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Foreign companies face increasing risks in China’s current economic environment

Faced with the current economic situation in China, foreign companies operating in the country must be prepared to mitigate risks by bolstering compliance, protecting IP, and conducting due diligence, among other strategies. The business environment in China has become more precarious in the past few months, forcing enterprises to reduce their exposure as much as possible.


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Many foreign companies are choosing to either exit China or scale down their operations in the country. In response, the Chinese government is making efforts to further control capital outflows.


Recently, China barred domestic and foreign brokerages from accepting new mainland clients for offshore trading, signaling intensified currency controls. These measures underscore the escalating challenges faced by businesses operating in or with China.


Economic Situation


According to the latest official figures, the youth unemployment rate (ages 17-24) neared 25%, while Evergrande, China’s premier real estate company, continues to face severe debt issues.

This situation is compounded by a demographic crisis, the Renminbi hitting an all-time low, and many foreign companies either exiting China or scaling down their operations.


The most pessimistic element of China’s economic outlook continues to be the property sector. Experts believe that the property market will remain under strain in the near term, with the situation for both home sales and property investment further deteriorating.


The Chinese government has launched a support package to bolster housing demand, including lower down payments and looser mortgage rules, but these measures may be limited to China’s large cities and may only cause a marginal improvement in the overall housing market outlook.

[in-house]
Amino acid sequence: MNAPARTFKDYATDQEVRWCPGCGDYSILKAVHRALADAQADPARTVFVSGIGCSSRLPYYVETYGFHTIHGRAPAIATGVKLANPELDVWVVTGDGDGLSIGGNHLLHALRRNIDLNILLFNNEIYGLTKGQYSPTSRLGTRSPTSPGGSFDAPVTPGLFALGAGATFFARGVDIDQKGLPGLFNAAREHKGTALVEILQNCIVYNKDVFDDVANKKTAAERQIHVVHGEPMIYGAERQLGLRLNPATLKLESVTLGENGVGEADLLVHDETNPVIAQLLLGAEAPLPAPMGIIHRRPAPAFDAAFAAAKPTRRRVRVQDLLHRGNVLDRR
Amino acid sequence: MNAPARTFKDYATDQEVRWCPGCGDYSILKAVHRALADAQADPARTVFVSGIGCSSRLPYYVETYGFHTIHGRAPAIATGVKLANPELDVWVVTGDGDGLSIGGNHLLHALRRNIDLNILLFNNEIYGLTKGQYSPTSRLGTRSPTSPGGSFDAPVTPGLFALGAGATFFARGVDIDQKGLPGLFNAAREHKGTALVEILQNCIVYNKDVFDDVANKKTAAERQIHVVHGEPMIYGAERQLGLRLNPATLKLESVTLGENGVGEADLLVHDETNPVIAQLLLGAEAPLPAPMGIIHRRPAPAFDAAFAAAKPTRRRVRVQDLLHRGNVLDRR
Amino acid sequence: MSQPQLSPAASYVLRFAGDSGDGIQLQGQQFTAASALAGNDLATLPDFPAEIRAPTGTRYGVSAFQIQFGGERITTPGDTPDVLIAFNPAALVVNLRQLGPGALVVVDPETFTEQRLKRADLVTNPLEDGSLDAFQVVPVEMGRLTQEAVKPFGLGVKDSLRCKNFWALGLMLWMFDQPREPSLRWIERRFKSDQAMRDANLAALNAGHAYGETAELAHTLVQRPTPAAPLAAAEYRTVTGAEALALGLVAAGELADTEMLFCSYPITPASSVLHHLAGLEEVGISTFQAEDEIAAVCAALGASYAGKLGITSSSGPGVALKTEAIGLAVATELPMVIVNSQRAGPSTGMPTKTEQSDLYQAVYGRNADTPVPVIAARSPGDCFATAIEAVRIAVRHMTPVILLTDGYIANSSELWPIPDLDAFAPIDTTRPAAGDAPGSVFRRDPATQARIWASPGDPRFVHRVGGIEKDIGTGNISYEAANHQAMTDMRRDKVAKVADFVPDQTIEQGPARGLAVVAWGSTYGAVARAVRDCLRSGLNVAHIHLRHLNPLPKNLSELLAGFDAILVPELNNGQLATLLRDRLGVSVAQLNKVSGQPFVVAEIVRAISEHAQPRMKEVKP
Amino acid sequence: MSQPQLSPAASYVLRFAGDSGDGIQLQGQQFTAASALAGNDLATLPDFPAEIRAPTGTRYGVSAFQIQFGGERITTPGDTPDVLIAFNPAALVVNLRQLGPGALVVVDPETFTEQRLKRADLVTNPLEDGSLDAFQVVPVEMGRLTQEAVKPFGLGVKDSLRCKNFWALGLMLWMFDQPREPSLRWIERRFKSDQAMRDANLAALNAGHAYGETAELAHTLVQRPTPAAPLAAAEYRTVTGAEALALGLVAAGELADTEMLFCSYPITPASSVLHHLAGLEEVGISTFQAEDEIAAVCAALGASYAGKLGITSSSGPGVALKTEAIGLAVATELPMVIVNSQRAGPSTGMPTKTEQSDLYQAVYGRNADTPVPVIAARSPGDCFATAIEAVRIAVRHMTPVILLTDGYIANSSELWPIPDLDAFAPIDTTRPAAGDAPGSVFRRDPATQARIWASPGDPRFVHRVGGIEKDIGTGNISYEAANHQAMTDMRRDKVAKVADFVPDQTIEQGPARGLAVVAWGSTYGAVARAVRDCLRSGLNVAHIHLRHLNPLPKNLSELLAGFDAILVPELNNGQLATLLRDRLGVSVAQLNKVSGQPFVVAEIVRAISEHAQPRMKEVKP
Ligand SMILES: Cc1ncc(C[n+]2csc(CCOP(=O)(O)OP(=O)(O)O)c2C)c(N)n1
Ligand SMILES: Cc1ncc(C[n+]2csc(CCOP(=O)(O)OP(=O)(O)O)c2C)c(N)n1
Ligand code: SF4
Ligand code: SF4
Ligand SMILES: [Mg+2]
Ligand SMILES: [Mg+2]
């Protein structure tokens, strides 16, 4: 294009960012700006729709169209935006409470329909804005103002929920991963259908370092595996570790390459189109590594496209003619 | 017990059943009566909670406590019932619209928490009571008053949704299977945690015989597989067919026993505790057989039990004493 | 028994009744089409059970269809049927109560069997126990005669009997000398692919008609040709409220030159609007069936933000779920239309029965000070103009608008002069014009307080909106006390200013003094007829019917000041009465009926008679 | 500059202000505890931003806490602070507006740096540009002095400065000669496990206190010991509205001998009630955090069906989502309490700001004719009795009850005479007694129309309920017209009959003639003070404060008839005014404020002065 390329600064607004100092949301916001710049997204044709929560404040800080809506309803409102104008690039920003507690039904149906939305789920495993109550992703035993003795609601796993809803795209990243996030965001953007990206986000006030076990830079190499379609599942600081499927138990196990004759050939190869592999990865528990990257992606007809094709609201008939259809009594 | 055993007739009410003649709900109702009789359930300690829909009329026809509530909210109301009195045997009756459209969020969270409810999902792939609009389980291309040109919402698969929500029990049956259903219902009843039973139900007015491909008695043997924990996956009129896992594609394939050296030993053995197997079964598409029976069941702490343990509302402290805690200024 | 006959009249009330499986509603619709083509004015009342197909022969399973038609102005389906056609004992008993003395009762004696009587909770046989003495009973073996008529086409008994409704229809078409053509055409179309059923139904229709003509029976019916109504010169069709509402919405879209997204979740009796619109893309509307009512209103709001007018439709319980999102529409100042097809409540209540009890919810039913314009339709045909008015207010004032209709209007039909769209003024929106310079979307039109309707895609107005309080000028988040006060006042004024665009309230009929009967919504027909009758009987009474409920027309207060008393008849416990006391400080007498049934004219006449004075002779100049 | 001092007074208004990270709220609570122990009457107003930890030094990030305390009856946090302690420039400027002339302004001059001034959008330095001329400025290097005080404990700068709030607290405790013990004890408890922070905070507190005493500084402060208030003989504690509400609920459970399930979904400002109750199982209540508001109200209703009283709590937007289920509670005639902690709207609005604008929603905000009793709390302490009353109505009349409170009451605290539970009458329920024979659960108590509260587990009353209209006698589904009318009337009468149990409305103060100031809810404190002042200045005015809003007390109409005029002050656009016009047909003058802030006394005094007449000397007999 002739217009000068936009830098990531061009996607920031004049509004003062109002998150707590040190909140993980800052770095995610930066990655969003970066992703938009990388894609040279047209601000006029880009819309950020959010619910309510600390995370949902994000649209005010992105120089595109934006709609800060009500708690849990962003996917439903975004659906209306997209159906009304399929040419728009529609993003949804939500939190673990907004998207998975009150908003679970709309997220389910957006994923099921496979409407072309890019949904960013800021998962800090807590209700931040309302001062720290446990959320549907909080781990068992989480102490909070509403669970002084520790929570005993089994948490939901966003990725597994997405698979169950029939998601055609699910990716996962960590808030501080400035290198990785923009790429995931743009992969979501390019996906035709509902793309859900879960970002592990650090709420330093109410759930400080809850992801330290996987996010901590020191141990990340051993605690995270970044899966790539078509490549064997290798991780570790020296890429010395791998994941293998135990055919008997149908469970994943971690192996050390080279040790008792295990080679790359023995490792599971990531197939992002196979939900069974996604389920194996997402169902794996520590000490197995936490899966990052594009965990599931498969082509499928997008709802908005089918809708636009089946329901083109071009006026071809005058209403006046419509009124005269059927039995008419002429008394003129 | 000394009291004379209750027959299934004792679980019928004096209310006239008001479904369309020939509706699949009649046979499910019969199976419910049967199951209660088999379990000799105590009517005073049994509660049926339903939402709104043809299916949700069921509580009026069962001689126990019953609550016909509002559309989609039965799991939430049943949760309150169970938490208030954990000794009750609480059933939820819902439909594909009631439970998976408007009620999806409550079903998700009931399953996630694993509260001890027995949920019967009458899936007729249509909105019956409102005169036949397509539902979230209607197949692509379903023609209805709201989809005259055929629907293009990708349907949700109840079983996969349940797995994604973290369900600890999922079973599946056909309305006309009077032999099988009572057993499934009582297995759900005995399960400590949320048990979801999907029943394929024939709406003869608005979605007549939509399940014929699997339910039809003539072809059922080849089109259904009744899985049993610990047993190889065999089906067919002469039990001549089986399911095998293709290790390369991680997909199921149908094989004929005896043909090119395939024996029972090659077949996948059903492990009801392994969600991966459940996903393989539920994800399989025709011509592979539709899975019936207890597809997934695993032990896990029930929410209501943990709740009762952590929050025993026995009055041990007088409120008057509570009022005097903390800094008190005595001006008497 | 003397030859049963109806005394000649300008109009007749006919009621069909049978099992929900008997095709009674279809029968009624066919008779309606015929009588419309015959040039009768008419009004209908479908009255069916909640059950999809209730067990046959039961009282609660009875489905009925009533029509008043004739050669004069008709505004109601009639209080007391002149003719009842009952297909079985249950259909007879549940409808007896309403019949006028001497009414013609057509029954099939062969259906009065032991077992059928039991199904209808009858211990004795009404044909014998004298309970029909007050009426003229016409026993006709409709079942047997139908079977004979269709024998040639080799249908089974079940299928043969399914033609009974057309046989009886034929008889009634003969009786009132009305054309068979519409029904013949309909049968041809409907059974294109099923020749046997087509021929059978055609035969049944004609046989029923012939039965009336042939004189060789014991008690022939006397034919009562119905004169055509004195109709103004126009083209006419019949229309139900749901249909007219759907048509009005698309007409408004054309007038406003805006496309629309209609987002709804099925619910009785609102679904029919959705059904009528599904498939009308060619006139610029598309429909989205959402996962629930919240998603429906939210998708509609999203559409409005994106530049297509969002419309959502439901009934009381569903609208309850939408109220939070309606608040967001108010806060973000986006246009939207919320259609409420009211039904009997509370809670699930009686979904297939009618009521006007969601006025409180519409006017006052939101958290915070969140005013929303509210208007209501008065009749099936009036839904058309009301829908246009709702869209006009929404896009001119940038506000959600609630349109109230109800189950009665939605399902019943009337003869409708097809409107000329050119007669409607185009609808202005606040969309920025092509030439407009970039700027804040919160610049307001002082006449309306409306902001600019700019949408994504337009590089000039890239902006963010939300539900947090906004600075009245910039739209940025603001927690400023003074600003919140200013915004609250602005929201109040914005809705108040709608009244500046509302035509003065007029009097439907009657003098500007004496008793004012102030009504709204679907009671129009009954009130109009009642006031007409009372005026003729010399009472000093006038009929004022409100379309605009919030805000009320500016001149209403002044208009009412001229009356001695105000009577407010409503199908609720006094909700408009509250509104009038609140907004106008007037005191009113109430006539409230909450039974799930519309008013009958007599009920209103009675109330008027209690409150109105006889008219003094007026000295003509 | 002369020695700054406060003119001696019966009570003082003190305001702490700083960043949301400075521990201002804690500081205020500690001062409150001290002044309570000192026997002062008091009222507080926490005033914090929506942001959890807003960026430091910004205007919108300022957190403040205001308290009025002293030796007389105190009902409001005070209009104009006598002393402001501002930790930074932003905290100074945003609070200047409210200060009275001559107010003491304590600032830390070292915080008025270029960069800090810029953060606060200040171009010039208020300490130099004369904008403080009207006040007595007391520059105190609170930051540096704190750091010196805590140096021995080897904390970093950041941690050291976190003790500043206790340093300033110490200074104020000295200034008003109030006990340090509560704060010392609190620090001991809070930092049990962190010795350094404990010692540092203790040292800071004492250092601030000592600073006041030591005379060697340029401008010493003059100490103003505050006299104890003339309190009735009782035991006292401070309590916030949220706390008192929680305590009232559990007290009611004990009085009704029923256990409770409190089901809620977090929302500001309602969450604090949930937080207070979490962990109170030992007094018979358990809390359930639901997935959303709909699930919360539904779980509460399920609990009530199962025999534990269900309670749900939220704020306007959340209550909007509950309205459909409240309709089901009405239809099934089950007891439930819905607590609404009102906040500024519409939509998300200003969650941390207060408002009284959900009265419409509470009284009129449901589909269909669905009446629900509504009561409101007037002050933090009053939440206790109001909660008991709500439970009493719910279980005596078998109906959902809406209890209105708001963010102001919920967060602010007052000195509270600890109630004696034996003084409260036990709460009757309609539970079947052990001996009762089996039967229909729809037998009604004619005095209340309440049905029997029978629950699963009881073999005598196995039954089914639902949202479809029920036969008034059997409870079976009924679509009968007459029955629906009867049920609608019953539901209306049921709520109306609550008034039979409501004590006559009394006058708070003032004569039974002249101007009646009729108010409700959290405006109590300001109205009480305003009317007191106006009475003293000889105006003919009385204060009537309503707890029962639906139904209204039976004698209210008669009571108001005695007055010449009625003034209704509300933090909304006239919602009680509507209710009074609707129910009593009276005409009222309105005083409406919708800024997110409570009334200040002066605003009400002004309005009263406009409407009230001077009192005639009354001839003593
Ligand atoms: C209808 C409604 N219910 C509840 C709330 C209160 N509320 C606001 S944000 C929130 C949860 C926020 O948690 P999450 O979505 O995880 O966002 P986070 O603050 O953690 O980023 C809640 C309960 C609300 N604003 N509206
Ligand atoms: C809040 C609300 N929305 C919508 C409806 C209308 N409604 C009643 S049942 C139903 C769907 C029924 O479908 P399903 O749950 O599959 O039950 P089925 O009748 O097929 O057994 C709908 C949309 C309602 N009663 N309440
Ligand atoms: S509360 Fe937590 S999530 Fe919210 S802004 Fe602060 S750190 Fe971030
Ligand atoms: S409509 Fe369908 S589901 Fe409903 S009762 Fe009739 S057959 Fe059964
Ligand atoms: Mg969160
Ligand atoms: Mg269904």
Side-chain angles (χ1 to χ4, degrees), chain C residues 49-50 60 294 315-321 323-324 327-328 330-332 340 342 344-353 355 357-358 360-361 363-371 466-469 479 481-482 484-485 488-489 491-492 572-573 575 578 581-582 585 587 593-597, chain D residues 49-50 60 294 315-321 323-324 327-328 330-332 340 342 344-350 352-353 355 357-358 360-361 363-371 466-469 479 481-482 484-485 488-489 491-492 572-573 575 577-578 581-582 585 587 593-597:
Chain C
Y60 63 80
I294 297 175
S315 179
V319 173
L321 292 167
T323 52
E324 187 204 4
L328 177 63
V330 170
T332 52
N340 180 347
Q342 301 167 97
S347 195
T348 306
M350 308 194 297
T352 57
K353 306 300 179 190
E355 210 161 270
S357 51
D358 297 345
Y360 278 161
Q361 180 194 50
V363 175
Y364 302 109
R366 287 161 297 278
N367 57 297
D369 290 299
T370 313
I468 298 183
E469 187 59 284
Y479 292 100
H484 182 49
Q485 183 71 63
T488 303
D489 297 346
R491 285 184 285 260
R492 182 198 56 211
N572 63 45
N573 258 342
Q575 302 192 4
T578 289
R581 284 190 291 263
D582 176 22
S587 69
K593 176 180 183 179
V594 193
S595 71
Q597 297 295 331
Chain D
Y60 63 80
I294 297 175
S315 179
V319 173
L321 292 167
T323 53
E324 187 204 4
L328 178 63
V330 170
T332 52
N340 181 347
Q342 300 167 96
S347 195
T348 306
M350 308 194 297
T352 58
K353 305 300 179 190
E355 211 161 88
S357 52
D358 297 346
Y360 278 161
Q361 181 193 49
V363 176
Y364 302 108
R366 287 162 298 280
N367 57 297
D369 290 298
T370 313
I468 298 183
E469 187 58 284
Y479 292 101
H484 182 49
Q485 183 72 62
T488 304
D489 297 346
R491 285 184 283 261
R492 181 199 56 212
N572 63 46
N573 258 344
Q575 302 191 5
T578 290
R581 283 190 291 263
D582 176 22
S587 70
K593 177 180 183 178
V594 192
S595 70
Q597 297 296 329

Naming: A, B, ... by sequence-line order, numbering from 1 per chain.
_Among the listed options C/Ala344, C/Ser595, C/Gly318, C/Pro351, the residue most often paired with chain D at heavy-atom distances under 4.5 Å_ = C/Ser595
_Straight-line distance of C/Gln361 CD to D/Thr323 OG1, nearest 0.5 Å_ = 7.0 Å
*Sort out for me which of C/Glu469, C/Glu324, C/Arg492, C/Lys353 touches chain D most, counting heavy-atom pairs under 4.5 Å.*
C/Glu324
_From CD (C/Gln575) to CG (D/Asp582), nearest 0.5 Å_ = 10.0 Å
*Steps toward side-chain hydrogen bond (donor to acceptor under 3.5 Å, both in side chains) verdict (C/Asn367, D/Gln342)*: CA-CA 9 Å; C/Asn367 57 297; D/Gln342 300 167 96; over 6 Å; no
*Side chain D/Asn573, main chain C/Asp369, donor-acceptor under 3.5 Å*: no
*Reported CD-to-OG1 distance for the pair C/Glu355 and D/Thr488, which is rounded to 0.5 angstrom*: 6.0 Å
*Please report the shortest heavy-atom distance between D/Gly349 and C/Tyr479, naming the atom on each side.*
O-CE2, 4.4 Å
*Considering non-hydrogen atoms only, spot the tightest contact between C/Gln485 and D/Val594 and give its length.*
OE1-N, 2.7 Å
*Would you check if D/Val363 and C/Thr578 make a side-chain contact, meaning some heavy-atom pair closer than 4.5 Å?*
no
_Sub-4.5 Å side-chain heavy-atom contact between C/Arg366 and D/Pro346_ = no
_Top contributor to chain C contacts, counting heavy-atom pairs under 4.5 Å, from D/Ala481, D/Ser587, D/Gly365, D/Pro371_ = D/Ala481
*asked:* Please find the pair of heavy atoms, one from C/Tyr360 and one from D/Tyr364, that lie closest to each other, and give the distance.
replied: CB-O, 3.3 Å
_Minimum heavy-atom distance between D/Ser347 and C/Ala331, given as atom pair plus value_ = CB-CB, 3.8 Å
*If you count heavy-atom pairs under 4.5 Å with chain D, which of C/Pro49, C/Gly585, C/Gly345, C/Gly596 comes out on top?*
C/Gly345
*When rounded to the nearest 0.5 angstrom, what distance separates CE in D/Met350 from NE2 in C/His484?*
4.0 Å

Nonetheless, these factors might help to fuel stronger retail sales of decoration materials and household appliances in the coming months. Any boost to retail sales via wealth effects will be limited, however, given long-term structural factors ranging from China’s policy direction, which will continue to discourage speculative practices, to unfavorable demographics, which will affect demand (particularly in smaller cities).


The lukewarm economic outlook, alongside recent credit data, suggests more generally that private investment will continue to struggle in the near term.


Private-sector fixed-asset investment (FAI) contracted by 0.7% year on year in January-August. Although strong contemporary infrastructure investment, which rose by 6.2% over that same eight-month period, has kept the overall FAI number steady, the difference in these dynamics illustrates the uneven trajectory of China’s economic recovery, and the limited benefits that the current economic situation has offered to (primarily non-state owned) firms.


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The sustained downturn in investment—including in both the property and private sectors—has pushed a revision of GDP forecast for 2024; now expected to be 4.8% (from 5.1% previously).

The risks for foreign companies that do business in or with China will remain elevated, while Chinese companies may continue to act desperately to survive, even if it means turning on partners.


Another major concern is local government debt, which has soared largely due to a sharp drop in land sale revenues because of the property slump, as well as the lingering impact of the cost of imposing pandemic lockdowns.


The severe fiscal stress seen at local levels not only poses great risks to Chinese banks, but also squeezes the government’s ability to spur growth and expand public services.


Beijing has so far unveiled a steady incremental drip of measures to boost the economy, including interest rate cuts and other steps to help the property market and consumer businesses.


But it has refrained from making any major moves. Economists and analysts believe that it is because China has become too indebted to pump up the economy like it did 15 years ago, during the global financial crisis.


Back then, Chinese leaders rolled out a four trillion yuan ($586 billion) fiscal package to minimize the impact of the global financial crisis. But the measures, which were focused on government-led infrastructure projects, also caused an unprecedented credit expansion and massive increase in local government debt, from which the economy is still struggling to recover.


Currency Restrictions


China's yuan has lost more than 5% against the dollar so far this year, becoming one of Asia's worst performing currencies for 2023.


The People's Bank of China (PBOC), China's central bank, asked some of the country's biggest lenders to refrain from immediately squaring their foreign exchange positions in the market, and to run open positions for a while to alleviate downside pressure on the yuan.